‘Writing as a healing space where our soul can speak and unfold.’1 One of the benefits of scribing the soul is to create what the African-American activist and academic, bell hooks, calls a healing space. Self-care is one of the ethical principles we all subscribe to as practitioners, and ensuring we maintain our own wellbeing is one of the purposes of supervision.2

Recent developments in BACP’s Ethical Framework for the Counselling Professions (2018) define supervision as: ‘a specialised form of professional mentoring provided for practitioners responsible for undertaking challenging work with people. Supervision is provided to ensure standards, enhance quality, stimulate creativity and support the sustainability and resilience of the work being undertaken.’2

In inviting participants to write reflectively during a recent short presentation in Gateshead, on which this article is based, I was highlighting the words ‘creativity’ and ‘resilience’ from that paragraph from the Ethical Framework. Like any other expressive art, writing helps you step aside, move away from the everyday path. It combines richly with other expressive arts, eg dance and movement, drawing and painting. It’s a kind of deep listening to yourself. The strength it builds is more to do with your agency and creativity than with positive psychology, and what can sometimes feel like ‘you will find the benefit in adversity’. 

Soul means very different things to different people, depending on culture, language and religion. At the BACP event in Gateshead, I was tempted to play some music by Queen of Soul, Aretha Franklin, who had recently died, but decided against it. For some, associations with soul might be more JS Bach or Nusrat Fateh Ali Khan. George Fox, in the Quaker tradition, refers to the inward light, and there is always a cultural, a collective, connection, adding an external context to that inner light. As other presenters had looked at soul in more depth, my aim was to invite participants to try out some reflective writing. You might want to try it.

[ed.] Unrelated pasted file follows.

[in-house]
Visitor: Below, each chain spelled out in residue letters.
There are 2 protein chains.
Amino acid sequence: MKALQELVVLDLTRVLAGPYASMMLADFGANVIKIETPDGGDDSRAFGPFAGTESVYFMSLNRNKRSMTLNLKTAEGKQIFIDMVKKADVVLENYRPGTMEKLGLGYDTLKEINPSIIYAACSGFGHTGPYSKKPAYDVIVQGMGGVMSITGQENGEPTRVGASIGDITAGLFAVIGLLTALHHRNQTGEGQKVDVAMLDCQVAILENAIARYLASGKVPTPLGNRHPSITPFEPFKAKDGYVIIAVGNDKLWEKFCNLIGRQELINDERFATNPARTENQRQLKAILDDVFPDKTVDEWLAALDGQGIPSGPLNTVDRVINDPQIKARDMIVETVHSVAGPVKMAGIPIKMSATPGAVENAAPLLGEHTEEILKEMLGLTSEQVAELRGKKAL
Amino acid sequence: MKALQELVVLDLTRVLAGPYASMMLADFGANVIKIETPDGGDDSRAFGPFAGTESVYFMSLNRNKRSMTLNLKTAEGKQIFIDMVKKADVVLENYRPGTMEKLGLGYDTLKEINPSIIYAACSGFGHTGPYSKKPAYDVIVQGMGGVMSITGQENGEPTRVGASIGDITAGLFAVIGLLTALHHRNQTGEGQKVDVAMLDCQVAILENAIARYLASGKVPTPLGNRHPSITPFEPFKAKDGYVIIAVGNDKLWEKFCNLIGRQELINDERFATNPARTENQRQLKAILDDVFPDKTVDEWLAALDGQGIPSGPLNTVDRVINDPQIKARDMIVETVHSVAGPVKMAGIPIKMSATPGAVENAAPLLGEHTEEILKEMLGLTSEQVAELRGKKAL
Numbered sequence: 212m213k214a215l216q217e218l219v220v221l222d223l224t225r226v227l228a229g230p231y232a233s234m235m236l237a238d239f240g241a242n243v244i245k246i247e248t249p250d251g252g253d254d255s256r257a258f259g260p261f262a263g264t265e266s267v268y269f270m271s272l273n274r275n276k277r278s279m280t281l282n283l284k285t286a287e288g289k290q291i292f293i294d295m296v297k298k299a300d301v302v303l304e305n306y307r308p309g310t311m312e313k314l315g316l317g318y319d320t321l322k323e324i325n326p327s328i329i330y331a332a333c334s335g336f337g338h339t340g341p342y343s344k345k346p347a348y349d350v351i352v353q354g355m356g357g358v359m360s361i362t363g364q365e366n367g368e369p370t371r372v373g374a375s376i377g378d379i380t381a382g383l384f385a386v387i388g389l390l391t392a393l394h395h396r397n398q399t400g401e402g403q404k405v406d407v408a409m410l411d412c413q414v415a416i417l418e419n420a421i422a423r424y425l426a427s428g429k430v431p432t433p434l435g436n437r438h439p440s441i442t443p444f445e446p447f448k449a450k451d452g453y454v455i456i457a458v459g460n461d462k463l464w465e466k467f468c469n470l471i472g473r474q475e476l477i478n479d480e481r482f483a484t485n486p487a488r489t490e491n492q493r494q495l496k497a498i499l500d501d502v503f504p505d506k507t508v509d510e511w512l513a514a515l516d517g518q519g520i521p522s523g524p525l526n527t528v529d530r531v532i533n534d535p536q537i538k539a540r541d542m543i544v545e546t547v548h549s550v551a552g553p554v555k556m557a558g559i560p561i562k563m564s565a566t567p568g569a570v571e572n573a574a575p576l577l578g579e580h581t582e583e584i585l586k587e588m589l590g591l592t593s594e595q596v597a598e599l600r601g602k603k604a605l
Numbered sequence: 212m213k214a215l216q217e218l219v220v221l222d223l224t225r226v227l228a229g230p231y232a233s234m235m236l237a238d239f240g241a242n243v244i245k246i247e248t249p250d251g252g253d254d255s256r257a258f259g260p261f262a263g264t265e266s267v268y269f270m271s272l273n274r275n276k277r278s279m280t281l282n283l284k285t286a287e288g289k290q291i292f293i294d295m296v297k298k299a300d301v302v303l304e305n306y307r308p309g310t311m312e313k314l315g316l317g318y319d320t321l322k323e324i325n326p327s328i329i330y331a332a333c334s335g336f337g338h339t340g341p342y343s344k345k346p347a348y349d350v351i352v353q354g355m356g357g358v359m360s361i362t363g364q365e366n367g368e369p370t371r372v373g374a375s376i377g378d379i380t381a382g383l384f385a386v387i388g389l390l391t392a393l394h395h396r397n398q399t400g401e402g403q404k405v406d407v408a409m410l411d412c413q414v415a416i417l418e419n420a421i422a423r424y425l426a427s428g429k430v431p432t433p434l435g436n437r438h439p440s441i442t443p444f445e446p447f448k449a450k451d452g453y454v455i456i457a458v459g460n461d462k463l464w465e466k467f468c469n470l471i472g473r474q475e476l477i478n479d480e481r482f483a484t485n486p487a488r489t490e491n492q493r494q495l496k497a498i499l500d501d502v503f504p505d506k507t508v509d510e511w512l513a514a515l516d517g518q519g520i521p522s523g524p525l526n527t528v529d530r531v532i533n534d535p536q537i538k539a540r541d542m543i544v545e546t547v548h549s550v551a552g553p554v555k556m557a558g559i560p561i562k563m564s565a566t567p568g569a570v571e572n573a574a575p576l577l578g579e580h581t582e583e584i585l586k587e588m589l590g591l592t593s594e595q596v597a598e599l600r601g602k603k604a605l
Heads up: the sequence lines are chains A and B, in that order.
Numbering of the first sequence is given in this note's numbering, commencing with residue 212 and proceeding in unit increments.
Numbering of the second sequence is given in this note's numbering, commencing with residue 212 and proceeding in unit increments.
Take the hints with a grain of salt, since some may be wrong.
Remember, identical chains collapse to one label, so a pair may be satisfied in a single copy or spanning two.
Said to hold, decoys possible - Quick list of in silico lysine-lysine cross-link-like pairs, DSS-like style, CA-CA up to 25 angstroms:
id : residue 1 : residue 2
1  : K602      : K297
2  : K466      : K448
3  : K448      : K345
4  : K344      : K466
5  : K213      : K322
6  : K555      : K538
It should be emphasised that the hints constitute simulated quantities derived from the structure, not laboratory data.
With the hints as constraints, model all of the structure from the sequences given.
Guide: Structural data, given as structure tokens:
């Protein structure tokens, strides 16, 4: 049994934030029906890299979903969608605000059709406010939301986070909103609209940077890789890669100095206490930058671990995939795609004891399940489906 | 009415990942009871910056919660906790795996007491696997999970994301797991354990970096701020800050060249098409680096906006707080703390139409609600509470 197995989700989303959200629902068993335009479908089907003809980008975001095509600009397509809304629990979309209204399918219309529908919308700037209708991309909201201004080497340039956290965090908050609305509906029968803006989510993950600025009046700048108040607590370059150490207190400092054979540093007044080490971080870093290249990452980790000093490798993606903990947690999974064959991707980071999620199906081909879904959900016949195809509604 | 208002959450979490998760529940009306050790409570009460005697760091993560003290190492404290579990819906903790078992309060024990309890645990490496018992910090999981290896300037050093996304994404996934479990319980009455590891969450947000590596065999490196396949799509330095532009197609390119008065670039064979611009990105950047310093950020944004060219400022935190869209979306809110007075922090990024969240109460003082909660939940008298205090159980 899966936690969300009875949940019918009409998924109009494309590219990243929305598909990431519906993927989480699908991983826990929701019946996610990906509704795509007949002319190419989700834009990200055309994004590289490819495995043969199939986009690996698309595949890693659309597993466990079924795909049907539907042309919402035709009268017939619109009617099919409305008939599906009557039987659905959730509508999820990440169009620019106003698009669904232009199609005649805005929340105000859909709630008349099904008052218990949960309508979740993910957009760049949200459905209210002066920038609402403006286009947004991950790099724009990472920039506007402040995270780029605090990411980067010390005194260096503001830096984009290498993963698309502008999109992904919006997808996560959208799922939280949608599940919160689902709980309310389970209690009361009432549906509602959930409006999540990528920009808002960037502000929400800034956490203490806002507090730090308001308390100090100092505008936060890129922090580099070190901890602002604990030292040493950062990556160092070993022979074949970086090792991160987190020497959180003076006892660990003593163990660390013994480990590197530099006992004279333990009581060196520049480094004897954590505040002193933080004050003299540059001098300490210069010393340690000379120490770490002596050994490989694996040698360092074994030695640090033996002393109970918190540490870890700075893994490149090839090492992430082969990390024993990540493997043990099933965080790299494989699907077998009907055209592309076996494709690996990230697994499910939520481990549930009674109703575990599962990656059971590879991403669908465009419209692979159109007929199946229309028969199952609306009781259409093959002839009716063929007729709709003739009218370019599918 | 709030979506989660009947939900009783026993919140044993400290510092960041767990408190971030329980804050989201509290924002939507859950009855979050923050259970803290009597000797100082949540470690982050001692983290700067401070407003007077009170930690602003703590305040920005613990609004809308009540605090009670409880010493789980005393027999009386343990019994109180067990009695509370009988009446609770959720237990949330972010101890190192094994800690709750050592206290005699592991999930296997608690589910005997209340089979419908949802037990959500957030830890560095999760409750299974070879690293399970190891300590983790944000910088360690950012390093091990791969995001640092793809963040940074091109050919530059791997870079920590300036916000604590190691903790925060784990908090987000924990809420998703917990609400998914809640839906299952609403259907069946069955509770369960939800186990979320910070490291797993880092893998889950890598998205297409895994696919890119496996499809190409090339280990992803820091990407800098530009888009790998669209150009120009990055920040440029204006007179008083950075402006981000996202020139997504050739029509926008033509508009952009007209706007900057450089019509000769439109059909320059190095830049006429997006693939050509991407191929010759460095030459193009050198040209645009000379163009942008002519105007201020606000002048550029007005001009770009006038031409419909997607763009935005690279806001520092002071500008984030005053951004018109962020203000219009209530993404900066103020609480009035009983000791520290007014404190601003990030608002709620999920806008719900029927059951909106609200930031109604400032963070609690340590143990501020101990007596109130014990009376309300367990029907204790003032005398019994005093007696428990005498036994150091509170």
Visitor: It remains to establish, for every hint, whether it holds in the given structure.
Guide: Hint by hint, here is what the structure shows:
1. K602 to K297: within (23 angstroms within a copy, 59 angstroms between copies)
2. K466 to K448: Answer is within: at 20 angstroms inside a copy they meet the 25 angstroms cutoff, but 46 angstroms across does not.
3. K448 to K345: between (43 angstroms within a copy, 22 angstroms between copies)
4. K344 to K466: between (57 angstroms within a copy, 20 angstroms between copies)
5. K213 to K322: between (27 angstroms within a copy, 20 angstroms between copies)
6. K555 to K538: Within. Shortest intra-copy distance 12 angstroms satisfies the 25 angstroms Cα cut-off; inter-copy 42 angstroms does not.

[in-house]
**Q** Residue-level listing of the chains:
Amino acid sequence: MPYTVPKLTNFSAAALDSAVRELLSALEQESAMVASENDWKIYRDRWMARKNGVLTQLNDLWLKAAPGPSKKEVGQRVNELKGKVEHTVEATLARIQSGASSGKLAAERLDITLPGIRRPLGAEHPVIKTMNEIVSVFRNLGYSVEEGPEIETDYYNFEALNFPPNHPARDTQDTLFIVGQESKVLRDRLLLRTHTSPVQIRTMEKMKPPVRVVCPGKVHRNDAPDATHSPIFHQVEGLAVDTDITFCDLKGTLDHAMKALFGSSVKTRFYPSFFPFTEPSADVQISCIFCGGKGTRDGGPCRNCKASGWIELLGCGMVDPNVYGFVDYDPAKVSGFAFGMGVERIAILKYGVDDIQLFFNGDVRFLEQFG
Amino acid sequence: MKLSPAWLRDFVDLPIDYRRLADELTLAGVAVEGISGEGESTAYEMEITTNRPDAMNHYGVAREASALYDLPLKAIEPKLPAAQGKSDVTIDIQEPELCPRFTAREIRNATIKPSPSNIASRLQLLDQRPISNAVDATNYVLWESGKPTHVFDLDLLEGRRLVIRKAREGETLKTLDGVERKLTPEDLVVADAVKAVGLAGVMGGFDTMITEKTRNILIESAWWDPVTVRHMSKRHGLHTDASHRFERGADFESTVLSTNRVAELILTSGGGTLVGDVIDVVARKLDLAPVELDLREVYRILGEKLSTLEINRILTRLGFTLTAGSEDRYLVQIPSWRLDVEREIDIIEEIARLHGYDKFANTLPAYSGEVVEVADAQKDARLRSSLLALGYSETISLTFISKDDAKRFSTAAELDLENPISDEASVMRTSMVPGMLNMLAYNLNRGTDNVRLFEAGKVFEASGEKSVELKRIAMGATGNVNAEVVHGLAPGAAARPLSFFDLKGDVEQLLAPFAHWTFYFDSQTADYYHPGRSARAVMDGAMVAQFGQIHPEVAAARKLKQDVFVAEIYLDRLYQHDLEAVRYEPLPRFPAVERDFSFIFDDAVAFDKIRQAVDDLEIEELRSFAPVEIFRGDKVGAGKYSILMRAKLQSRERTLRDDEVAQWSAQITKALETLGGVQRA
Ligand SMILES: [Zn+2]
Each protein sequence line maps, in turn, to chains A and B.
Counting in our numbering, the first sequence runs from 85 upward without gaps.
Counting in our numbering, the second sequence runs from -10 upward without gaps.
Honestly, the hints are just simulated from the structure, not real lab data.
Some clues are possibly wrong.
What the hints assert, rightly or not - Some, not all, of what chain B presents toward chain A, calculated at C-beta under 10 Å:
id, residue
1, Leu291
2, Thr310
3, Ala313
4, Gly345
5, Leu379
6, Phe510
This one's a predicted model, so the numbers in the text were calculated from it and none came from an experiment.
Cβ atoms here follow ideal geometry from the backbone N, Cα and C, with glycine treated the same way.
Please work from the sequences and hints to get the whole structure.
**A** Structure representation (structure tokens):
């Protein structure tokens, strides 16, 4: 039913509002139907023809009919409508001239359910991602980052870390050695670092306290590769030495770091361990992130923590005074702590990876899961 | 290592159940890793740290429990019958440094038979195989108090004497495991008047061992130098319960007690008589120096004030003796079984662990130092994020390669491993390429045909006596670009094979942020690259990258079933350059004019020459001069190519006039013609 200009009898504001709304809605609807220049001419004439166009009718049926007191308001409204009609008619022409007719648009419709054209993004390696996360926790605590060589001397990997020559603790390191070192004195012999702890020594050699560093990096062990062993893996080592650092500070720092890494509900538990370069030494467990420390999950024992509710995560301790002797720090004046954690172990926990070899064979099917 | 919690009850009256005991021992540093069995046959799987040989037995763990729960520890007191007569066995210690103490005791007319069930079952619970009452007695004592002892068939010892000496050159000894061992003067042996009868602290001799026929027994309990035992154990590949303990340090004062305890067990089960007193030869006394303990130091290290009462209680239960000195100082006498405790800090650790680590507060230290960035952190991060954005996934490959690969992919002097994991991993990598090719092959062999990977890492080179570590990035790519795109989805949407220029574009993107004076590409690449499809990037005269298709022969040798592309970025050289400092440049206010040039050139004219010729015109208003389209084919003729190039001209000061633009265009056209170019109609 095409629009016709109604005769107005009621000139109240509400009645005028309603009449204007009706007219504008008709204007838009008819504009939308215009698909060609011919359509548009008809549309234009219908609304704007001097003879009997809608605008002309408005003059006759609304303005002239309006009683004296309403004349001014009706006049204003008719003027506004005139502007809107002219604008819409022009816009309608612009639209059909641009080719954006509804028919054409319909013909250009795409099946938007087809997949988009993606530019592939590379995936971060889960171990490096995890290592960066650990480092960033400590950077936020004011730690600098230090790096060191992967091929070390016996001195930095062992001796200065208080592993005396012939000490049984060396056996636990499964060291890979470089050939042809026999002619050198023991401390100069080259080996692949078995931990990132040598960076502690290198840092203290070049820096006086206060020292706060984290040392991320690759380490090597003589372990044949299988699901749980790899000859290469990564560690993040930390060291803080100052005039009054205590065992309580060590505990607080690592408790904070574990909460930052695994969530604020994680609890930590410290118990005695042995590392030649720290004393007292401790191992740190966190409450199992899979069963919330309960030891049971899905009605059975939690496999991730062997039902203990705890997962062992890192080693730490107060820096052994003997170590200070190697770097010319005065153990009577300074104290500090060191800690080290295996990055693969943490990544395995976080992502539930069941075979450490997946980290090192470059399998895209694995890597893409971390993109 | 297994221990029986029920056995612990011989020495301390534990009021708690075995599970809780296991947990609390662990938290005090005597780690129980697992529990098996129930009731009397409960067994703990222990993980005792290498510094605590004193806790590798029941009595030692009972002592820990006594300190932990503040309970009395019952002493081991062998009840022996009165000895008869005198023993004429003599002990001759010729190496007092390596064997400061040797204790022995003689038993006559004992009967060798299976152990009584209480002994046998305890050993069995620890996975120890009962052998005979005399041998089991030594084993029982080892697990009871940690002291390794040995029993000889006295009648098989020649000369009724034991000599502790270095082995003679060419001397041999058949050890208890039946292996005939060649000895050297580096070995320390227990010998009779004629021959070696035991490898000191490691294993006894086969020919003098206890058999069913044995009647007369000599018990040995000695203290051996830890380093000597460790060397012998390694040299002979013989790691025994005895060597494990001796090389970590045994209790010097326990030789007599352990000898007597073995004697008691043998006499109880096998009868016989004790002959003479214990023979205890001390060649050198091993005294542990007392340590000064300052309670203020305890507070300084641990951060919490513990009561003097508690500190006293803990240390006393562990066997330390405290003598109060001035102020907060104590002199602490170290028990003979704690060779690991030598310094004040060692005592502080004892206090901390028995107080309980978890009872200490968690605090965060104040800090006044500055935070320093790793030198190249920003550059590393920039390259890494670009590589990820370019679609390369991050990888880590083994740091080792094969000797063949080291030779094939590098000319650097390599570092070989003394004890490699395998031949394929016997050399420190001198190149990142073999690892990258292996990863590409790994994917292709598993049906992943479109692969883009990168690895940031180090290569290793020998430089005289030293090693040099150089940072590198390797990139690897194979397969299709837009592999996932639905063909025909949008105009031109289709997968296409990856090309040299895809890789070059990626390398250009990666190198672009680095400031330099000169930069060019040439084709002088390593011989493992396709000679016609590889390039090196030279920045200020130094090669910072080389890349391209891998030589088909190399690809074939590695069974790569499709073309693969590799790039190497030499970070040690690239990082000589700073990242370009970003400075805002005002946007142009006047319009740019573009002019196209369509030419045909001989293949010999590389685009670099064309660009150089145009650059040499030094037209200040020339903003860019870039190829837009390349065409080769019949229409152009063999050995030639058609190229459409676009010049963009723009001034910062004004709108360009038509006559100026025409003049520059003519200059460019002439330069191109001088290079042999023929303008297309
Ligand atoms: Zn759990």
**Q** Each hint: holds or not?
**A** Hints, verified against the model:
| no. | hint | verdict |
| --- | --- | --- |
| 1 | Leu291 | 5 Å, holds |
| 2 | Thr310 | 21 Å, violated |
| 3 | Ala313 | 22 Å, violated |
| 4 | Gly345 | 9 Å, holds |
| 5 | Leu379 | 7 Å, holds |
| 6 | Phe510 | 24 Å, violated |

The first writing activity, a six-minute splurge, is tapping into the unconscious mind by deliberately turning off the ‘thinking’ part of the brain. This might sound contradictory – writing is a cognitive activity – but it’s possible. Just write whatever comes to the end of your pen, or fingers – don’t think about grammar, spelling, nobody else is going to read this but you. It may be that only a shopping list or ‘to do’ list emerges. Yet one aim of this writing splurge is to clear the mind, and out of or up to the surface might come a feeling you didn’t know was there. Unfilling the heart is another aim. Writing is embodied and can connect immediately with how we are, in body, mind and feelings.


This was a six-minute write after a first meeting with a new supervisor. I was irritated and wrote it out: What do I want? Haven’t a clue. Daft question. I want you to listen to me With everything you’ve got: Ears, eyes, soul and heart. Can you do that for 20 minutes – or even more? And not get in my way – can you?

At our next meeting, I was able to answer the new supervisor’s questions – politely – and continued to write before and after meetings, if only for a few minutes. Six minutes is a random amount of time, but giving yourself a time boundary works well – catch down a thought or feeling in whatever way works for you. I always carry something to write on and even time spent waiting for the bus can be harnessed in this way.